The food additive titanium dioxide hinders intestinal production of TGF- β and IL-10 in mice, and long-term exposure in adults or from perinatal life blocks oral tolerance to ovalbumin

Food Chem Toxicol. 2023 Jul 27:113974. doi: 10.1016/j.fct.2023.113974. Online ahead of print.ABSTRACTFood hypersensitivities are increasing in industrialized countries, and foodborne nanoparticles (NPs) are suspected as co-factors in their aetiology. Food-grade titanium dioxide (fg-TiO2), a food colouring agent, is composed of NPs with immunomodulatory properties. We investigated whether fg-TiO2 may compromise the establishment of oral tolerance (OT) to food proteins using a model of OT induction to ovalbumin (OVA) in mice, and whether a perinatal exposure could trigger this effect. In pregnant mice fed a TiO2-enriched diet, ICP-MS and TEM-EDX analyses showed passage of TiO2 NPs into the foetus. When their weaned offspring were fed the same diet, a breakdown in OT to OVA was observed at adulthood, characterized by a high anti-OVA IgG production compared to controls. However, adult mice directly exposed to fg-TiO2 did not induce OT to OVA either, ruling out a developmental origin for these effects. When these mice were orally challenged with OVA, intestinal inflammation demonstrated hypersensitivity to OVA. In OVA-naïve mice, fg-TiO2 exposure impaired intestinal TGF-β and IL-10 production, of key role in OT induction and maintenance. These findings showed that long-term exposure to TiO2 as food additive alters anti-inflammatory cytokine profile, and leads to OT failure regardless of the timing of TiO2 exposure throughout life.PMID:37516336 | DOI:10.1016/j.fct.2023.113974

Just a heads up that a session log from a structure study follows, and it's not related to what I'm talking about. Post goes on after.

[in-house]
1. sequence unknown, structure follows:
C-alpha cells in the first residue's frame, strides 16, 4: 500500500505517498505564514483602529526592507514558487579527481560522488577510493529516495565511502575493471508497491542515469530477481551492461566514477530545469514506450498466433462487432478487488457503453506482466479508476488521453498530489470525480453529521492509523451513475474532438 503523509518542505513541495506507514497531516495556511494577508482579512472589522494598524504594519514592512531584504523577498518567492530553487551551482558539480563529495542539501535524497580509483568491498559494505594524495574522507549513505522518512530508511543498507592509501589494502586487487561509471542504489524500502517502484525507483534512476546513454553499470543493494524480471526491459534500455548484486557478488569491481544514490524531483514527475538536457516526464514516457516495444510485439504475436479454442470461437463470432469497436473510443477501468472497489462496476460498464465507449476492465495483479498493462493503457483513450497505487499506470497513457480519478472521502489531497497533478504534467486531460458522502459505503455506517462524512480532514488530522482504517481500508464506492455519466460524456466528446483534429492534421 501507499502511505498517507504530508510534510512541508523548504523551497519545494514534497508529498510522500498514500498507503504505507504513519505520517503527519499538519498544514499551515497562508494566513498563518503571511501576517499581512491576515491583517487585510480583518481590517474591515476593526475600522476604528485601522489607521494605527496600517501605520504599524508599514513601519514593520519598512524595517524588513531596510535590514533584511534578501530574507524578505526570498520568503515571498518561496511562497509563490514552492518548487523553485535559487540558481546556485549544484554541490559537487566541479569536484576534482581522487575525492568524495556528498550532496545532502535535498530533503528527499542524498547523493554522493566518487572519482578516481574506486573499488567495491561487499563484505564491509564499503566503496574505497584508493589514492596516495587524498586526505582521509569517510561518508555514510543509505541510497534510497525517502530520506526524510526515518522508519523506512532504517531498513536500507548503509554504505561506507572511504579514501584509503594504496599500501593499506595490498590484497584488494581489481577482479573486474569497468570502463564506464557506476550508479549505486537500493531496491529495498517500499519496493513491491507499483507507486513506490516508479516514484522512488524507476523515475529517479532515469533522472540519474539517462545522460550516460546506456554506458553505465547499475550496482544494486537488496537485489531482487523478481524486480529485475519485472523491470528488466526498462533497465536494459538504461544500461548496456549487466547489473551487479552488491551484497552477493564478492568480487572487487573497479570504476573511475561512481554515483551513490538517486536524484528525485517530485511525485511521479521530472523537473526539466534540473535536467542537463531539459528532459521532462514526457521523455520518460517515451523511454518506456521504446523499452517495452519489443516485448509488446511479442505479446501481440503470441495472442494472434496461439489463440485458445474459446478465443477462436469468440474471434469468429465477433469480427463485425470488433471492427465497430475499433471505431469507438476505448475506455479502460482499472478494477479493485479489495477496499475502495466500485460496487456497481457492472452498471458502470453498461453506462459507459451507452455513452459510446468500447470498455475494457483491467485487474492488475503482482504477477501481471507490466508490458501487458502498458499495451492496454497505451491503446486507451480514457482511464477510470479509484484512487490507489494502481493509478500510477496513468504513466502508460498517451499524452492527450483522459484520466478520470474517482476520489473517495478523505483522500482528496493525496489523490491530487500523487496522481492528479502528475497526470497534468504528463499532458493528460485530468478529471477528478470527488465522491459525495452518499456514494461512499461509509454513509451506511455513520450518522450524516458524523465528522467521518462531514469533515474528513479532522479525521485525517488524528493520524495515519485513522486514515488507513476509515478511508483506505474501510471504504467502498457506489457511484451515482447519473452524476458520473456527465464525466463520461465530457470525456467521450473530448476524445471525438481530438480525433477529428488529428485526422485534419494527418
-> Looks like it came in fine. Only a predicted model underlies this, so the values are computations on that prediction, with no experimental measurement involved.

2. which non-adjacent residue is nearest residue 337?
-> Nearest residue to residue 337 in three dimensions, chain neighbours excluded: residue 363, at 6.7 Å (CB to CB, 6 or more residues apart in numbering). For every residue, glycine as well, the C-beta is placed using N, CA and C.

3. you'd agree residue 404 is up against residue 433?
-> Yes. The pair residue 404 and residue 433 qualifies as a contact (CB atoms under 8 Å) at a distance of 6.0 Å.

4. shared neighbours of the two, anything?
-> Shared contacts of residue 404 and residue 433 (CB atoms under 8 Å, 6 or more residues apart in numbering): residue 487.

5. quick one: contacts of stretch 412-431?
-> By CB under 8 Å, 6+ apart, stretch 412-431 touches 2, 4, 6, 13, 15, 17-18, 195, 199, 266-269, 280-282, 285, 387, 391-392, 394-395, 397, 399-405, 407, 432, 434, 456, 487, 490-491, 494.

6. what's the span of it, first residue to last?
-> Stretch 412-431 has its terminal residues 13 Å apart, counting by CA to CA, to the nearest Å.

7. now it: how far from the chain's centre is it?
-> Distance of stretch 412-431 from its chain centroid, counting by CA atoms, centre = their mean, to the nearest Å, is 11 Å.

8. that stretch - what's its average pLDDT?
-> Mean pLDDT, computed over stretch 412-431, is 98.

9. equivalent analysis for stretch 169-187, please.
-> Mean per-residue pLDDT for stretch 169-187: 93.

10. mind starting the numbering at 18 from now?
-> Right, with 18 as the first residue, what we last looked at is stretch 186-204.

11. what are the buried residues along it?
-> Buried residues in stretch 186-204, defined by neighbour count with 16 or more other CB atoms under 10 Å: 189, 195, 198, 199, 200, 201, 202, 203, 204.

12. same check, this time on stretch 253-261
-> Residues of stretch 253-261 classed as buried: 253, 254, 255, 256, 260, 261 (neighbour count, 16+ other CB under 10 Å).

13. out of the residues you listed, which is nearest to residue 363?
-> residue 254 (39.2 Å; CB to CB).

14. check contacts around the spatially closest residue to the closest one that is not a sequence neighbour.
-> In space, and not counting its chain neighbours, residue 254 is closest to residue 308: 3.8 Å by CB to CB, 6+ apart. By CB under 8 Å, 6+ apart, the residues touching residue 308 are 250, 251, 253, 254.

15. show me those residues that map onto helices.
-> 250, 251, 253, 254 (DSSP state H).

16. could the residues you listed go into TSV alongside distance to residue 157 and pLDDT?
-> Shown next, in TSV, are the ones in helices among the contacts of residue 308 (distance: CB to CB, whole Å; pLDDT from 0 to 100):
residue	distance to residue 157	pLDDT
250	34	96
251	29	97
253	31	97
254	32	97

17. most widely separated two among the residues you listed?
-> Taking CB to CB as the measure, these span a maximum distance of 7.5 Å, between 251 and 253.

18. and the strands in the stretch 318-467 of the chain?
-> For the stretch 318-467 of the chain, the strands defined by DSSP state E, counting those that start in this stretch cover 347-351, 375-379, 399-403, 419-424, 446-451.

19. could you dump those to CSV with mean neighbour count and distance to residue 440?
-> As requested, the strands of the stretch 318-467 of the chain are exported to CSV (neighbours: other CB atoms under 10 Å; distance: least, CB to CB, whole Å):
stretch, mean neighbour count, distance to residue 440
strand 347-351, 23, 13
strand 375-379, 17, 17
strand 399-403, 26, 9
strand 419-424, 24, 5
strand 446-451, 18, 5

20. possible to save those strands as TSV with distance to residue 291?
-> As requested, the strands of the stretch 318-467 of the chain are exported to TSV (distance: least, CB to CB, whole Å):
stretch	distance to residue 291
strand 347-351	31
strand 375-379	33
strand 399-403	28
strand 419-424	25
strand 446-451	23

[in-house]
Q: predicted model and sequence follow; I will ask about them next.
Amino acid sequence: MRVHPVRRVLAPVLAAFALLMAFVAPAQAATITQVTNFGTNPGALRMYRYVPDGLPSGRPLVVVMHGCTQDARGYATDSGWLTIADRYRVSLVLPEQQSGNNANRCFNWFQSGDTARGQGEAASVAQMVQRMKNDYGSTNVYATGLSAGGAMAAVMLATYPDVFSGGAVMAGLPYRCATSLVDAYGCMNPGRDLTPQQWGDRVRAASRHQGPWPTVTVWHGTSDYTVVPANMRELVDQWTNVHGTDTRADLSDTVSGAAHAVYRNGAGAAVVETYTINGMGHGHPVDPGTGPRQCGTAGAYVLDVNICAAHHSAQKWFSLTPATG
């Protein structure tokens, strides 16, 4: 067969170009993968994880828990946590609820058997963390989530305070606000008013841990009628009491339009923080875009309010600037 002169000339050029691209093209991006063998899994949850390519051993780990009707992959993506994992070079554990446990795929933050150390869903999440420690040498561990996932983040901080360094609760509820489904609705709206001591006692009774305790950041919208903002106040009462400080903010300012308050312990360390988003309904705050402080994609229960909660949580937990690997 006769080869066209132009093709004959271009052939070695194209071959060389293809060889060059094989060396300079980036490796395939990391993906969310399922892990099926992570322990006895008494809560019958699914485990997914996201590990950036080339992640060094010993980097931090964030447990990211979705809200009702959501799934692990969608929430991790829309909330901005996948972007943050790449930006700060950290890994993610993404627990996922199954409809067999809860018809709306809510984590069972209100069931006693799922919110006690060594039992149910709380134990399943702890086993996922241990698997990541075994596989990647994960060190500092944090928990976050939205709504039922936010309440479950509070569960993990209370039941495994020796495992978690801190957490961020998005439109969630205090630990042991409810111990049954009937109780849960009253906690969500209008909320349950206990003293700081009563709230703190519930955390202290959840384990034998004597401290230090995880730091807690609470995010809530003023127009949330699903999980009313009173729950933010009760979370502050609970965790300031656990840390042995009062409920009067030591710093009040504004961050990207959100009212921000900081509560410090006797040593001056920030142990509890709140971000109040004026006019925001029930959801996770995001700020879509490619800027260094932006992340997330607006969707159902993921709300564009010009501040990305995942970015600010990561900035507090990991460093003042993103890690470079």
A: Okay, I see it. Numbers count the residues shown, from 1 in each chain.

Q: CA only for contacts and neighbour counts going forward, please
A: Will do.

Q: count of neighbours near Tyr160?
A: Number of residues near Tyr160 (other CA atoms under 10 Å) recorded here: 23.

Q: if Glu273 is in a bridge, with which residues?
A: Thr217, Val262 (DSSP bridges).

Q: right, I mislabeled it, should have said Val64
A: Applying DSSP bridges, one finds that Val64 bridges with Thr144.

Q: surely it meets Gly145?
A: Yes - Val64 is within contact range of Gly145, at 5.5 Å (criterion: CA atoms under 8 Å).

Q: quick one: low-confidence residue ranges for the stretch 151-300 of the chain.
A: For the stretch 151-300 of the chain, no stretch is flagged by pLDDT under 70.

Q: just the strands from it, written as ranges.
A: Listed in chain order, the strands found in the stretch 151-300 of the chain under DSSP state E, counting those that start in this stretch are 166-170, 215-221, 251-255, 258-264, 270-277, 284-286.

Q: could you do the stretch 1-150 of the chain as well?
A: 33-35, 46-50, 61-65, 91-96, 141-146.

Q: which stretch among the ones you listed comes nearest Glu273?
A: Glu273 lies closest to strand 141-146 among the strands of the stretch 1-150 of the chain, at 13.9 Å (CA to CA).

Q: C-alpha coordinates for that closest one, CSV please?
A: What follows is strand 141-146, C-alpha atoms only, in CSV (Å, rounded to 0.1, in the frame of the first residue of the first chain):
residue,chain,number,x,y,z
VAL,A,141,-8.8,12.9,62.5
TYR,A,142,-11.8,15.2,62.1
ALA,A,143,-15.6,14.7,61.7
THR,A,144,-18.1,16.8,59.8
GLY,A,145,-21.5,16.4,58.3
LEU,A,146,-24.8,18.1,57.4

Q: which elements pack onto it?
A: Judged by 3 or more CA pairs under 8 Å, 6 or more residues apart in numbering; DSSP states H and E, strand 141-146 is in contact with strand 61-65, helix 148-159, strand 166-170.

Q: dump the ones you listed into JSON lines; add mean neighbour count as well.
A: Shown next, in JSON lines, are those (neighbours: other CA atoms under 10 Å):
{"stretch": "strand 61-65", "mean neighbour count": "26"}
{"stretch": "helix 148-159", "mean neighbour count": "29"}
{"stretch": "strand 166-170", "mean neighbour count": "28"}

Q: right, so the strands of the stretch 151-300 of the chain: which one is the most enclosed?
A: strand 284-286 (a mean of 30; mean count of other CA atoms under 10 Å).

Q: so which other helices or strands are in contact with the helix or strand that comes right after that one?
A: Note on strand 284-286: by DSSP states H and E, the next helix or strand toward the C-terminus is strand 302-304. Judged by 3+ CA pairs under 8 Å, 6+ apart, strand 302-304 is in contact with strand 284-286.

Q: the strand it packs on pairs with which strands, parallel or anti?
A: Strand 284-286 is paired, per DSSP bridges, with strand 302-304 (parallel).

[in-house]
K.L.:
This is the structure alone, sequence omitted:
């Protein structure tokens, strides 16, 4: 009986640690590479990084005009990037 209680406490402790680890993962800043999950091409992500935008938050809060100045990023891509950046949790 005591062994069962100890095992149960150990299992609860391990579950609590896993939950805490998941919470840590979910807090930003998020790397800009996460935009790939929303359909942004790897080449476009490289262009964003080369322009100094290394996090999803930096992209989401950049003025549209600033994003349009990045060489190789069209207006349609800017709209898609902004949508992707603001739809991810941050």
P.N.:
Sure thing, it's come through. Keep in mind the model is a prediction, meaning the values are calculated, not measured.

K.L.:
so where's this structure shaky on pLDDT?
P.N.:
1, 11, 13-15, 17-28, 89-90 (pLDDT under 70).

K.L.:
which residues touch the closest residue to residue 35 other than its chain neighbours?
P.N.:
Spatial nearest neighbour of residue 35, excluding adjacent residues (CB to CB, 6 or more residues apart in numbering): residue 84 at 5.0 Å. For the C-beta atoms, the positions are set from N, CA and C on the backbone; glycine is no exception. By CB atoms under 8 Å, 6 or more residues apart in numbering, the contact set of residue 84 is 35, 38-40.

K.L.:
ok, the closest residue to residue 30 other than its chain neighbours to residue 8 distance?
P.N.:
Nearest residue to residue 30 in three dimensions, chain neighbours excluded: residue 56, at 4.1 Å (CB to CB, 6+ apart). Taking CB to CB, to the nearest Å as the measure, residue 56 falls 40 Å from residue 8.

Source: Food and Chemical Toxicology - Category: Food Science Authors: Source Type: research